Proposed duty-free liquor rules to cause ₹650cr/year loss: Airport operators body

PTI Mumbai | Updated on January 21, 2020

Indian airports are likely to incur a revenue loss of ₹650 crore per annum if the reported recommendations of the Commerce Ministry on duty-free sales are put in place, private airports operators body APAO said on Tuesday.

Vehemently opposing the proposed move to reduce liquor allowance from two litres to one litre and to do away with import of cigarettes presently one carton of 100 sticks, the Association of Private Airport Operators (APAO) in a statement said the move will have “disastrous” effect on the domestic aviation industry.

The Commerce Ministry, as part of its proposals to the Finance Ministry ahead of the budget, has recommended restricting purchase of tax-free alcohol to one bottle at duty-free shops as part of steps to reduce import of non-essential goods, sources had said earlier. It has also recommended to prohibit purchase of cigarette cartons at duty-free shops.

“Such a move will have disastrous effects on the Indian aviation industry across all stakeholders including airports, airlines, passengers and duty-free operators,” APAO said.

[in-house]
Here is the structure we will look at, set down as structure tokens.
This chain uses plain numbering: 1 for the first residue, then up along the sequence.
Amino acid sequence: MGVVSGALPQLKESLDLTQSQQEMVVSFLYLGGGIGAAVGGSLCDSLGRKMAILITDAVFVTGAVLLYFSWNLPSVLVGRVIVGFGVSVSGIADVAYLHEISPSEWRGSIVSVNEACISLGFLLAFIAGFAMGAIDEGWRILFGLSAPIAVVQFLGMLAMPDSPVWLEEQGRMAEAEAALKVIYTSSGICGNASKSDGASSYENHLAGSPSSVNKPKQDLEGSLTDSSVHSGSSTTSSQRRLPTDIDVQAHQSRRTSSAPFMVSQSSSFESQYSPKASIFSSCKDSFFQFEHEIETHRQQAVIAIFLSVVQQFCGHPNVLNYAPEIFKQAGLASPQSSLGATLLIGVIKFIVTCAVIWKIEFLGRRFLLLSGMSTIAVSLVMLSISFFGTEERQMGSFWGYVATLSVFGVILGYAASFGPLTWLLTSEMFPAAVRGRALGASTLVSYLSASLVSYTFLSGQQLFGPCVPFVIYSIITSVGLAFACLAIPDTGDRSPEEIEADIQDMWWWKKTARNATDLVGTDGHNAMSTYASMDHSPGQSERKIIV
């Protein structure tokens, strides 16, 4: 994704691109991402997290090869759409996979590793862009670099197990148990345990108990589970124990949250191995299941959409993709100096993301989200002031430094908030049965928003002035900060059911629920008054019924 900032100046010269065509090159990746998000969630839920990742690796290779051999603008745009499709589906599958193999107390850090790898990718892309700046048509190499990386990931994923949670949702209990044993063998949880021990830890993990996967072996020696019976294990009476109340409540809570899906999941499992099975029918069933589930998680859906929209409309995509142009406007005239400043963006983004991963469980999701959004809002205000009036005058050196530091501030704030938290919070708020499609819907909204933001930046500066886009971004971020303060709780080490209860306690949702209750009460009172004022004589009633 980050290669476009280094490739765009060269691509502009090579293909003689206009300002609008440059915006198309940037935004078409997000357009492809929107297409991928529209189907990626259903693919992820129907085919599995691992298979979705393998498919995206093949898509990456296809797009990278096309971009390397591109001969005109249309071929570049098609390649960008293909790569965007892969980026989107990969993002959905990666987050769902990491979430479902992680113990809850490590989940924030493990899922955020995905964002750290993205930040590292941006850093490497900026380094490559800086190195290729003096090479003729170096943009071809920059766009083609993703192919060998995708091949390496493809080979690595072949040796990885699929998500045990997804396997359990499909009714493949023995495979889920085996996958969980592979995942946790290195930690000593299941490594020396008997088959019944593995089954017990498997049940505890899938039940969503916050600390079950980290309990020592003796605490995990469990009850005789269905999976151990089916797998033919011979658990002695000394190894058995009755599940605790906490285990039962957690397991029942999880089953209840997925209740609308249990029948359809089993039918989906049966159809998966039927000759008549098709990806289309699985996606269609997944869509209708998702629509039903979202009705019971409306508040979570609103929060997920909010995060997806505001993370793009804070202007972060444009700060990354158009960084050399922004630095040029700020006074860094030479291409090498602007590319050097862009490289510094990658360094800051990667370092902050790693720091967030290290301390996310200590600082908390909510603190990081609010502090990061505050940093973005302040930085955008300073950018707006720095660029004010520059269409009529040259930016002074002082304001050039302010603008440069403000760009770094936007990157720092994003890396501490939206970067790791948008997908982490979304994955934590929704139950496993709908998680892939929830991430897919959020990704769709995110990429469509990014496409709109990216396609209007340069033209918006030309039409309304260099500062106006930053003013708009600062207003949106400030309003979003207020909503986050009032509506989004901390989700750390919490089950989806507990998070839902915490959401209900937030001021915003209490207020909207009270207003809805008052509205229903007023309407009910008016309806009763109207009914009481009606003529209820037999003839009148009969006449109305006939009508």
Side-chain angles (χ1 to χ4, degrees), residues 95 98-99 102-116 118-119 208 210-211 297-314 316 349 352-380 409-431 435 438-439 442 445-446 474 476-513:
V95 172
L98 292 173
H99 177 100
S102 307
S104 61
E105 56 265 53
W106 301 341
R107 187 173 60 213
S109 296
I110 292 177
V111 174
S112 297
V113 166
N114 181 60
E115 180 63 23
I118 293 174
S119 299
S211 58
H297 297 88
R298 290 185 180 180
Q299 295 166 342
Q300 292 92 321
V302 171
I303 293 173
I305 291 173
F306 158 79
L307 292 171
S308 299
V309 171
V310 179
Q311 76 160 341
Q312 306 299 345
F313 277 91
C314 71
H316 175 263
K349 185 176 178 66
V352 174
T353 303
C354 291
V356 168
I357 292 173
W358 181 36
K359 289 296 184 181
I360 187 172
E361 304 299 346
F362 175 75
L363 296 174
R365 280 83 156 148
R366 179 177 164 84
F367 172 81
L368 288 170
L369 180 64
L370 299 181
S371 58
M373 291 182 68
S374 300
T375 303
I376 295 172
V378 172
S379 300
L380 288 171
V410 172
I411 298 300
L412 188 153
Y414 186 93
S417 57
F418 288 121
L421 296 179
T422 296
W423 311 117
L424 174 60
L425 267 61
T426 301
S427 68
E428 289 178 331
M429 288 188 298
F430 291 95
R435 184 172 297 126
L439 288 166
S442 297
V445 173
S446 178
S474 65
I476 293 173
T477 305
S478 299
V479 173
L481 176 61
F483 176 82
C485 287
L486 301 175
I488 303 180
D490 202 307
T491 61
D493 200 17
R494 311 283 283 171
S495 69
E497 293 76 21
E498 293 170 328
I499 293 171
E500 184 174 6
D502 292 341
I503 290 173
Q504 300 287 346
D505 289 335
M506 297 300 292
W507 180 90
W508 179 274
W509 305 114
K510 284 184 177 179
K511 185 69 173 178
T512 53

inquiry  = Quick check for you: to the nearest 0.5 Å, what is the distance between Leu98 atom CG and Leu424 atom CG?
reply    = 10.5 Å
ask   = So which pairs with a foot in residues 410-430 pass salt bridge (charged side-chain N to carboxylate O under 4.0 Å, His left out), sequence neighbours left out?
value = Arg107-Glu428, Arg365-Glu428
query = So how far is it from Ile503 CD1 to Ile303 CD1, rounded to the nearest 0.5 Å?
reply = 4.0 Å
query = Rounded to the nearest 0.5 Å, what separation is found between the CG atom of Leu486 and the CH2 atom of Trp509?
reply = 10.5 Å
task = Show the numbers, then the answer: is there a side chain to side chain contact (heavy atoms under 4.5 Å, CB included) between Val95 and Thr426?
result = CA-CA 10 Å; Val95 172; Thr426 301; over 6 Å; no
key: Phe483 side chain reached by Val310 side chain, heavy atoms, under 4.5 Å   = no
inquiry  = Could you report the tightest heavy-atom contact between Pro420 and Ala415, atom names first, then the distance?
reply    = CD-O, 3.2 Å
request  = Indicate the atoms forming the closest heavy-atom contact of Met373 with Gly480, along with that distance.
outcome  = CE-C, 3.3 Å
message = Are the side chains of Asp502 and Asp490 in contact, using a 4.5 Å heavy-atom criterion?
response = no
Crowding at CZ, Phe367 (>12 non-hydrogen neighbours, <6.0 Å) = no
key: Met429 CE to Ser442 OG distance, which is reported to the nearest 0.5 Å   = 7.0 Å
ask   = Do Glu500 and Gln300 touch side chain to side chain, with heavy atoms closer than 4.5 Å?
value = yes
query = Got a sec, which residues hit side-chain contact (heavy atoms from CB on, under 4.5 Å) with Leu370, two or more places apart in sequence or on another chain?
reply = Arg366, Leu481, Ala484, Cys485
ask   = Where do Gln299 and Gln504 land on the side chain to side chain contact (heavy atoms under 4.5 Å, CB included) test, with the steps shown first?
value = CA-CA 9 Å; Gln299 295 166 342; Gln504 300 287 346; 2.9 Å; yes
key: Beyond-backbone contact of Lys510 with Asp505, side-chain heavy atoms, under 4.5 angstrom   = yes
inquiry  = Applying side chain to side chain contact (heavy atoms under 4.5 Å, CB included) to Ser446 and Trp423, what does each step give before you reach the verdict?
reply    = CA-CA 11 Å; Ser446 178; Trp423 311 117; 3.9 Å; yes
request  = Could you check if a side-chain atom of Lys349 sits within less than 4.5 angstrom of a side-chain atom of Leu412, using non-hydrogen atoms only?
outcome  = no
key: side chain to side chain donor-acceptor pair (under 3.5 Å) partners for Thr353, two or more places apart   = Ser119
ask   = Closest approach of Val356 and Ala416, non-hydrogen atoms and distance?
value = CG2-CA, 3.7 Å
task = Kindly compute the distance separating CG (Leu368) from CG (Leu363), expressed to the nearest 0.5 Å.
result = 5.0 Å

According to the Association, the proposed restrictions will lead to increase in passenger charges, hurt airport industry and may “encourage smuggling,” besides a revenue loss of about ₹650 crore per annum at all airports.

Current imports

Liquor imports for duty-free sale stands at around $97 million as against country’s total import bill of $460 billion, according to the APAO. The revenue loss at airports will impact the operators’ financial ratings and consequently hamper expansion plans, it said.

The proposal, if accepted will increase in aeronautical charges of around ₹200 crore per annum, which in turn, will lead to higher air ticket prices, it added.

The APAO also said it expects an estimated annual loss of ₹330 crore to the national airports operator AAI due to the proposed restrictions while it may also result in around 8,000-10,000 job losses.

Published on January 21, 2020

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